Lean DevOps for automotive OEMs
Examensarbete för masterexamen
Quality and operations management (MPQOM), MSc
The accelerated software development has forced researchers and industries to reorginaze in terms of the software development process. One such recent philosophy in software development is DevOps. DevOps focuses on collaboration, continuous integration and continuous deployment amongst other things, with the intention to increase the cycle speed between feedback from end-user to an updated software. The intention with this research has been to investigate how a DevOps implementation can be achieved at an automotive OEM and what potential challenges and consequences there are of such implementation. The current software development process, from requirement to development was mapped with the help of three interviews with people that have a long background within the automotive industry. Based on the interviews, a approximated model was created to illustrate the challenges with the current centralized approach in the industry. The results show how such an approach is slow with little collaboration and the consequences are costly adjustments, slower speed to market and less customer satisfaction. With DevOps and OTA updates however, this process changes into being more responsive whilst additional functions can be added after the release of the car. Many OEMs in the automotive industry are dependent on their suppliers and to achieve a DevOps implementation, the OEMs must somehow integrate together with the suppliers in a CI/CD pipeline where the developers are located at different suppliers, and the OEM has an operations team that monitors the different car fleets and decides when a new release is going to happen. The challenges that come with an integration of DevOps is how this re-organization can happen practically since the automotive industry is highly centralized and someone with enough power must be convinced that this is the right decision. Furhermore, with this integration and closer collaboration between suppliers and OEM, a new culture will emerge. Having a cross-border culture regarding DevOps and having another internal culture within the own borders can be challenging. Finally, there must also be a way to protect the different IP that belong to the suppliers. The IP is usually different algorithms in the software that is compiled and delivered to the OEM. If this protection is not achieved in the CI/CD pipeline, it will be difficult to persuade the suppliers to agree to this kind of integration. There are certainly many challenges in terms of organization but with software being the future of automotive, there should definitely be a push for increasing the software development speed. That is however only one part of the whole infrastructure and supply chain since there are other challenges outside of this research concerning more technical detail regarding the CI/CD pipeline and what is required from the servers and cars for this to be released OTA.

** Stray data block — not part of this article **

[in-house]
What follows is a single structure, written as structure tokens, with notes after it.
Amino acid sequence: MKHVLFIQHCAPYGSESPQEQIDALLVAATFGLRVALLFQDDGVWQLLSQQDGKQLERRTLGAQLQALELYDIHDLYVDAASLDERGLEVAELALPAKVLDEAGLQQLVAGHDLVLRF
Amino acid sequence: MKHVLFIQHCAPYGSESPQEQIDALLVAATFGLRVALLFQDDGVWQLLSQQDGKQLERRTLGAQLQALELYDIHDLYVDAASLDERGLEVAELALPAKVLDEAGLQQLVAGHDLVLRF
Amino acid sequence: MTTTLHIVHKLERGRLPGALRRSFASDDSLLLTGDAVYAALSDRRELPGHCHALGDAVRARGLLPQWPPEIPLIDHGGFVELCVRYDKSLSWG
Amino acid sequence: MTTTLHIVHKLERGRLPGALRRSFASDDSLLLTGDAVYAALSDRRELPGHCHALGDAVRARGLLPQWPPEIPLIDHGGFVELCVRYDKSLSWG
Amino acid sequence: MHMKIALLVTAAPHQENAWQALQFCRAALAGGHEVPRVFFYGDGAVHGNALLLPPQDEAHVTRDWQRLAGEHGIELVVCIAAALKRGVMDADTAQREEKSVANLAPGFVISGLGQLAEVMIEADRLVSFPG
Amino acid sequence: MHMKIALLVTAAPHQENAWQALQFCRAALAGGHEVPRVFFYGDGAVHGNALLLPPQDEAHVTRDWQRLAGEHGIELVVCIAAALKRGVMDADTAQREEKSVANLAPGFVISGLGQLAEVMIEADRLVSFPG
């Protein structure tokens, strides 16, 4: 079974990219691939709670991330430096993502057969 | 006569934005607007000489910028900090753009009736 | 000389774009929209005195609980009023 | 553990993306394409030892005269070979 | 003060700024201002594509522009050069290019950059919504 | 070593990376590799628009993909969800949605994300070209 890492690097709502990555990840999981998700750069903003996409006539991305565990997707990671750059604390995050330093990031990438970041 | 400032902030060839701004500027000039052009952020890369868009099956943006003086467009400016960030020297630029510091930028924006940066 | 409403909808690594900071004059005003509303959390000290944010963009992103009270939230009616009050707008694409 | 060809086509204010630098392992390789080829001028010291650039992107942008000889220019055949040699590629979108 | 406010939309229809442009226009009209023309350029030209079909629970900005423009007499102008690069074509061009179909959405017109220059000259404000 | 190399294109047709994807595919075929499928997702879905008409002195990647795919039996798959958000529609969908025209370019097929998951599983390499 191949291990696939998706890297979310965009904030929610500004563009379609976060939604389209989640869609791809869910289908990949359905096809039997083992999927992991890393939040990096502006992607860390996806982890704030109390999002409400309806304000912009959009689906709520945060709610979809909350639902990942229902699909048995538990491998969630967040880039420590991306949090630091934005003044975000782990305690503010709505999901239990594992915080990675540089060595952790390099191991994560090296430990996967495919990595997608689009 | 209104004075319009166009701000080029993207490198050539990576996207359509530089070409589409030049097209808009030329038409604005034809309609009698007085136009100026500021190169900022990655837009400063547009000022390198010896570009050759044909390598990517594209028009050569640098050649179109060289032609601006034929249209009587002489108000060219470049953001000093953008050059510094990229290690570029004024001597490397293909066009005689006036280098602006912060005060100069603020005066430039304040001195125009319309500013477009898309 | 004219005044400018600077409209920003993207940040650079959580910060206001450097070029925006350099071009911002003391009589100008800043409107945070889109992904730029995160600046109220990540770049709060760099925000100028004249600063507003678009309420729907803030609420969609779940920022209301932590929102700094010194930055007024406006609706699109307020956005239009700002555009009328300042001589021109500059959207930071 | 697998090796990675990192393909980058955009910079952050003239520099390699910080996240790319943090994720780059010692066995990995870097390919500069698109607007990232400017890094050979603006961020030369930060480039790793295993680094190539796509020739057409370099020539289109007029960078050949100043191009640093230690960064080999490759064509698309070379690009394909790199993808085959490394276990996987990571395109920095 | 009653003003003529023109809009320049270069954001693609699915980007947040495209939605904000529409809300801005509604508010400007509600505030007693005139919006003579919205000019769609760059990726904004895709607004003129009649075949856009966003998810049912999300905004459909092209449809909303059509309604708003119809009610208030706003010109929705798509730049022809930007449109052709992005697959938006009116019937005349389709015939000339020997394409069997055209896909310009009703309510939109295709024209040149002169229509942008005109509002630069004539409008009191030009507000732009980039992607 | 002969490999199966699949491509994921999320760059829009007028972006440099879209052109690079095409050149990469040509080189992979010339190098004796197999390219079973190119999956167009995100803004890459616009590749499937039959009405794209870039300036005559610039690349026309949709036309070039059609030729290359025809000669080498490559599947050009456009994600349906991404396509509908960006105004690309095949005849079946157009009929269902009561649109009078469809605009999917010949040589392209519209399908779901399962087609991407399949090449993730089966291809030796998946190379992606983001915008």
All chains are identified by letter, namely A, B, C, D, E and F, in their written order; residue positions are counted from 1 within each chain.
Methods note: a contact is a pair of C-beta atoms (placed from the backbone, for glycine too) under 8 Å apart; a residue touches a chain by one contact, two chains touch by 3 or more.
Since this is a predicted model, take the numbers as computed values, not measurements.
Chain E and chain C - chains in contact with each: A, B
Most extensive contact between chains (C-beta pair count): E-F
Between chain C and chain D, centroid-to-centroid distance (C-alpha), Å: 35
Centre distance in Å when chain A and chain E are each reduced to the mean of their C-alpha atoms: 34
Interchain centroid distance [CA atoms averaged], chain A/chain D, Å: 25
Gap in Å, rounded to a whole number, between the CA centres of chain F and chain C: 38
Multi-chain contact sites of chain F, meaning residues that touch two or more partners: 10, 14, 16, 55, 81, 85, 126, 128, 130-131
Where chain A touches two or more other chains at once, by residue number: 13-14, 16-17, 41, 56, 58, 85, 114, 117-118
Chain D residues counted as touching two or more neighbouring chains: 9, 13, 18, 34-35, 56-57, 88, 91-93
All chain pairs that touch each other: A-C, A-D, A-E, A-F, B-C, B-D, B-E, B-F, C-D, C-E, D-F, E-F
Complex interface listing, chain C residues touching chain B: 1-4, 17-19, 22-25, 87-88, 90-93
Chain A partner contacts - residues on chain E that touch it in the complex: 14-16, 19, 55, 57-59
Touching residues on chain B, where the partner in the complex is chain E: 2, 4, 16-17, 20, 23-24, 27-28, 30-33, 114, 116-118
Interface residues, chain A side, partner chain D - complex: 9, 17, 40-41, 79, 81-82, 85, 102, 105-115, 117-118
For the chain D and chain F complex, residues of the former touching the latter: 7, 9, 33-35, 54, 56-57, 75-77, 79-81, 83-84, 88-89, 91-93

DevOps , automotive , software development , continuous integration , continuous deployment